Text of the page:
Saturday, 1 January 2011

Ethics of Journalism

Don’t Call Me Dave has been shocked at the media reporting of the arrest of his former English teacher Christopher Jefferies on suspicion of murdering architect Joanna Yeates.

Murder is the most horrific crime possible and there is a natural public interest in this story, but under our tried and trusted system of justice, suspects are innocent until proven guilty. To date, Mr Jefferies has not even been charged let alone convicted. As the Attorney General has pointed out, there is now a real risk of any trial being prejudiced by this relentless coverage.

Whilst we expect the gutter press to dig up as much salacious material as possible, it is regrettable that even the self styled quality papers have decided to follow suit, rather than restrict themselves to factual reporting of the case.

Former colleagues and pupils have been quick to lend, or possibly sell, their names for a quote. “He was a bit eccentric” they all say. Well yes he was, but many teachers are. Being eccentric, however, does not make you a murderer.

“He dyed his hair blue.” Why is this relevant?

“We thought he was gay.” It is true that many of us did think so and perhaps he is but, again, why is this relevant? The Police have not stated whether there was any sexual element to the murder and, even if there was, it would not preclude gay men from suspicion. It is just a rather pathetic effort by lazy journalists to spice up a story rather than deal with the facts.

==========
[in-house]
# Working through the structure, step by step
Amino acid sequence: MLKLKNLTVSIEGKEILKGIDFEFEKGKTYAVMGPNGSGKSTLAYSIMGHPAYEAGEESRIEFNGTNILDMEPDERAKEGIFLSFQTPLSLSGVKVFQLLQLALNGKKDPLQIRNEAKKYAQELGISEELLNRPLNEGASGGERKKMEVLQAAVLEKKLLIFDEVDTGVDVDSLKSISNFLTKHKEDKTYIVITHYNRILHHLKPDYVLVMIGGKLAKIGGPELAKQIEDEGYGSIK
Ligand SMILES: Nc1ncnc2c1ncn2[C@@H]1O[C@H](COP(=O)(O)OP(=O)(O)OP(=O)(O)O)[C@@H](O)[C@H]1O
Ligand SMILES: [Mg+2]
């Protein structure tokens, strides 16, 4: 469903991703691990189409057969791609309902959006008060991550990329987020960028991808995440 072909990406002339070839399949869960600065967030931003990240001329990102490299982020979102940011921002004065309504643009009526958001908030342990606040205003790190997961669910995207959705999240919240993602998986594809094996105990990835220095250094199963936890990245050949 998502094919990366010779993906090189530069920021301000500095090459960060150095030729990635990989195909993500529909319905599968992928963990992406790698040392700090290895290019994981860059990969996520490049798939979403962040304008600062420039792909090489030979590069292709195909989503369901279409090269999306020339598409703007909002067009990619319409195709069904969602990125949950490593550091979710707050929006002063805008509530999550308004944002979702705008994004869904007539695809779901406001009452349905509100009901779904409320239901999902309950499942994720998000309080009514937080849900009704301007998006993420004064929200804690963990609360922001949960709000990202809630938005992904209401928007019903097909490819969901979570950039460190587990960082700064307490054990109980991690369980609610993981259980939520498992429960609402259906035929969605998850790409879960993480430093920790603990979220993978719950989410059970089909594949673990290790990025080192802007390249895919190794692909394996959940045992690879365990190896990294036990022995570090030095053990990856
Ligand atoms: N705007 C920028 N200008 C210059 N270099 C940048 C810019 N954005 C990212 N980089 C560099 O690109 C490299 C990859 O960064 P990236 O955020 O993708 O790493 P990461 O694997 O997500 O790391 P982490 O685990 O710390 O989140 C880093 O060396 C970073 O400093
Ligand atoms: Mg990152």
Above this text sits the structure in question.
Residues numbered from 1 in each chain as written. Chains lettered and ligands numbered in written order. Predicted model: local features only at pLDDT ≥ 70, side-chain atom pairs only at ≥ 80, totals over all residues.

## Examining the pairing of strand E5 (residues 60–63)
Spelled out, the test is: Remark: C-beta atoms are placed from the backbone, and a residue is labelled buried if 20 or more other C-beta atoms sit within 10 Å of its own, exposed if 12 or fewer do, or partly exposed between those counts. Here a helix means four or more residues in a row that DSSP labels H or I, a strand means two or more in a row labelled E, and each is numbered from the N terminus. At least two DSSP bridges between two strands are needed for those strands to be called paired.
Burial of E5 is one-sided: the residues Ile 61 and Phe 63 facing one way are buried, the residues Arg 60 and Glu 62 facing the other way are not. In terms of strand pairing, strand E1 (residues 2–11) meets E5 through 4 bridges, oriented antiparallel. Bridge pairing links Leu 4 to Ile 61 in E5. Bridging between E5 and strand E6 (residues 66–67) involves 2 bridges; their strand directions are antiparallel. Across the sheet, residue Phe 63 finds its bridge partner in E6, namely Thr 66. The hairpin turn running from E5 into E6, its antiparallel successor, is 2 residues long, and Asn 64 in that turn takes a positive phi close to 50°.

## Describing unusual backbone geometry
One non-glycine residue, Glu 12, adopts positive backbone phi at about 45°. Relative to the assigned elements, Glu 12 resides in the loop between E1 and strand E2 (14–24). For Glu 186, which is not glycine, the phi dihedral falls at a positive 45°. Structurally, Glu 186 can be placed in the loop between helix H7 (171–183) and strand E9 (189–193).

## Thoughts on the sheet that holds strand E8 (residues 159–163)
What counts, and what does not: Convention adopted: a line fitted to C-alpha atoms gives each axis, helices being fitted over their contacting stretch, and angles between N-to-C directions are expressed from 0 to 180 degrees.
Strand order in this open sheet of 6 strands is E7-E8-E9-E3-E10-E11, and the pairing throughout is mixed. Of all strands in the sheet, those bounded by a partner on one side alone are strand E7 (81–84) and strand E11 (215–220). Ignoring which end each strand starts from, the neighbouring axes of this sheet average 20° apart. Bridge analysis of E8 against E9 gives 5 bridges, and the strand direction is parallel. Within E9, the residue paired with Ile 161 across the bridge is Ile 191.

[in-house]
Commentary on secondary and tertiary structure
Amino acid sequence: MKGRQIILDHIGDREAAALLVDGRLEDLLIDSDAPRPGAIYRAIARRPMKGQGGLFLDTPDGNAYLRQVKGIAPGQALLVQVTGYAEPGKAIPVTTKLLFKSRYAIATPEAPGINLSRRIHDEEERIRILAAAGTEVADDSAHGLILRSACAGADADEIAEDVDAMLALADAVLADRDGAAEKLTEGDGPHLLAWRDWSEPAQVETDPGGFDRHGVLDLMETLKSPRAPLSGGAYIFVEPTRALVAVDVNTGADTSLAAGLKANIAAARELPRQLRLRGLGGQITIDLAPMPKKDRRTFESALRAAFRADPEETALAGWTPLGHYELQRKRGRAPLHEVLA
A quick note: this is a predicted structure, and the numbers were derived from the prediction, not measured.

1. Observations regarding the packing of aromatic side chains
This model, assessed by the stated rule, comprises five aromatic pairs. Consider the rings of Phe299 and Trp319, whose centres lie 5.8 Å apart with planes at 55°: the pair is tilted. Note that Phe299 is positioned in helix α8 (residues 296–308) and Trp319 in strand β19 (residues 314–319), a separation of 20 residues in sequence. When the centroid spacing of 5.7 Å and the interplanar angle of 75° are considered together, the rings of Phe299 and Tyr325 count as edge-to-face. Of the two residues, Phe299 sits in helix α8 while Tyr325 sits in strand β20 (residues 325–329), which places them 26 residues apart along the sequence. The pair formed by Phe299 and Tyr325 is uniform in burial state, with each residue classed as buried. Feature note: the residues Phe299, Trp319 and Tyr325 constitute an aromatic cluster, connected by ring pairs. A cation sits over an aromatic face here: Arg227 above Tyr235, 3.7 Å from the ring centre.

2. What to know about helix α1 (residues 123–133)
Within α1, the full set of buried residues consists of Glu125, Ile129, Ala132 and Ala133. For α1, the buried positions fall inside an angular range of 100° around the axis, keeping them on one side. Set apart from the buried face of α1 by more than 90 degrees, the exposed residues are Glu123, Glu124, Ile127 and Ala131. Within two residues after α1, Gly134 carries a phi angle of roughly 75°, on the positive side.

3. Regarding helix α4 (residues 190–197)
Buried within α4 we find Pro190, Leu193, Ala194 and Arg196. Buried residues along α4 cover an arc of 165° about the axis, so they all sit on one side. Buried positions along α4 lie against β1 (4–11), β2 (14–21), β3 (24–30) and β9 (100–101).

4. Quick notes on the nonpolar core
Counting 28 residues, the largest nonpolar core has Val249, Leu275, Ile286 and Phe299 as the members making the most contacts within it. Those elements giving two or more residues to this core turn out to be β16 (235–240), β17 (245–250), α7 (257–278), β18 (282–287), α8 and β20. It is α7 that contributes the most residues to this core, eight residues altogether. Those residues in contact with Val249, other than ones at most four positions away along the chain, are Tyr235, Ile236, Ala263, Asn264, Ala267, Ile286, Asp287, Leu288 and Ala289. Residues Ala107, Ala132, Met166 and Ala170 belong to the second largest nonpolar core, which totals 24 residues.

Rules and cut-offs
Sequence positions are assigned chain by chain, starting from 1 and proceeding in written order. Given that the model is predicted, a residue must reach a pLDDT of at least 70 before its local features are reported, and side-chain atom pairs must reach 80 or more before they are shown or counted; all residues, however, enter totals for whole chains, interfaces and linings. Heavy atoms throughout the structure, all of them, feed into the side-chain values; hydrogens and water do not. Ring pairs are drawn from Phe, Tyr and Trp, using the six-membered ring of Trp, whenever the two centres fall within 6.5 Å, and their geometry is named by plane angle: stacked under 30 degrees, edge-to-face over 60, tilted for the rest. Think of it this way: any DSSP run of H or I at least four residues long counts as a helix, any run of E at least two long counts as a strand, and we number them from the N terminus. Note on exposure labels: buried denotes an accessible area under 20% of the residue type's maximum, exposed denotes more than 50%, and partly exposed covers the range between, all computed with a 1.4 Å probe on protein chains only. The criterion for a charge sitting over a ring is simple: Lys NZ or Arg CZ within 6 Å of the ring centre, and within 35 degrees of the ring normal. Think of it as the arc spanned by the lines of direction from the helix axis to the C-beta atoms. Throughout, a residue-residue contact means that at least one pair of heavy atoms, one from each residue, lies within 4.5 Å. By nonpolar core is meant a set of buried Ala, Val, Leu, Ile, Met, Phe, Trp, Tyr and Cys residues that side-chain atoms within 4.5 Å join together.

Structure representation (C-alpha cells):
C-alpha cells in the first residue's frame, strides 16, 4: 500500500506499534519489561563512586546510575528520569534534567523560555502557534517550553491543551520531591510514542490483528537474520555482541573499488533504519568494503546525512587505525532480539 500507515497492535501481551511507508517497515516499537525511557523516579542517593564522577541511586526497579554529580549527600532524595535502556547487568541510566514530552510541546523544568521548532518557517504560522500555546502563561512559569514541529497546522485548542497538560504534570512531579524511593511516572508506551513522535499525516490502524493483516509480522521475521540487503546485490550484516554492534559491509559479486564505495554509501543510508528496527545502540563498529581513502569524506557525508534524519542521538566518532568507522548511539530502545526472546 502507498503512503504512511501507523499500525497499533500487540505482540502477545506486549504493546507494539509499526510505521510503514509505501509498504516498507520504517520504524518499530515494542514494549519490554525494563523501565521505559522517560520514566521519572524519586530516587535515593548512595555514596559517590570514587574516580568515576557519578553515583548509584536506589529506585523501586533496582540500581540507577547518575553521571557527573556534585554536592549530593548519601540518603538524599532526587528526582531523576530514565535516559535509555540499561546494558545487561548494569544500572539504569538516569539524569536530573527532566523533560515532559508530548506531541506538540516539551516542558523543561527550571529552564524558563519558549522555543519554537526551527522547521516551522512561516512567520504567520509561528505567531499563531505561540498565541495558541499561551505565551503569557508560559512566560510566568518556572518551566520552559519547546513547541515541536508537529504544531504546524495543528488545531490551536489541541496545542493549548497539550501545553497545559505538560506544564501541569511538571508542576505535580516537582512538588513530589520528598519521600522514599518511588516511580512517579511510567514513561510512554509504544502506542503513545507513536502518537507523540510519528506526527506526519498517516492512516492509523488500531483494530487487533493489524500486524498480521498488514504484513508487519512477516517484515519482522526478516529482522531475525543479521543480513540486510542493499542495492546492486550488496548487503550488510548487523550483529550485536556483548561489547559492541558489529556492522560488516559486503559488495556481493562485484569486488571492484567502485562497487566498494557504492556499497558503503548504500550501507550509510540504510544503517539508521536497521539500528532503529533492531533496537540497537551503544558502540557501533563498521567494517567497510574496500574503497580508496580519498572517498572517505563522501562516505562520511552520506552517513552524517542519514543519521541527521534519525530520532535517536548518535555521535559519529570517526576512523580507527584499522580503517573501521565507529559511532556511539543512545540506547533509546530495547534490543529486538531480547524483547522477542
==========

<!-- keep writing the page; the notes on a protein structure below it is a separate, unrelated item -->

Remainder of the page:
“He was a strict disciplinarian who would lose his temper in class.” Ask any parent prepared to spend £9,000 a term educating their children if they would like it any other way.

It is now being reported that Mr Jefferies bought the flat from a teacher of the nearby preparatory school who is currently serving a prison sentence for molesting a child. Well that’s it then. You’ve got him banged to rights. If you buy property from a convicted criminal, you must be a criminal yourself.

A huge emphasis has been placed on the fact that Christopher Jefferies once taught at nearby Clifton College. That he retired nine years ago is seemingly irrelevant for a media still fighting a class war. Every opportunity has been used to mention that it is a prestigious English public school. If a long retired teacher from a sink comprehensive was accused of a similar crime, would his former school receive such attention?

There is not a scintilla of evidence to link Clifton College to the crime, and it is manifestly unfair to undermine the school in this way and create an atmosphere of fear for parents and pupils.

If Christopher Jefferies is charged and convicted of the crime of murder, he will properly face the full force of the law and will deserve no sympathy from anyone, including the media. But until then, a slightly more responsible attitude to reporting would not go amiss.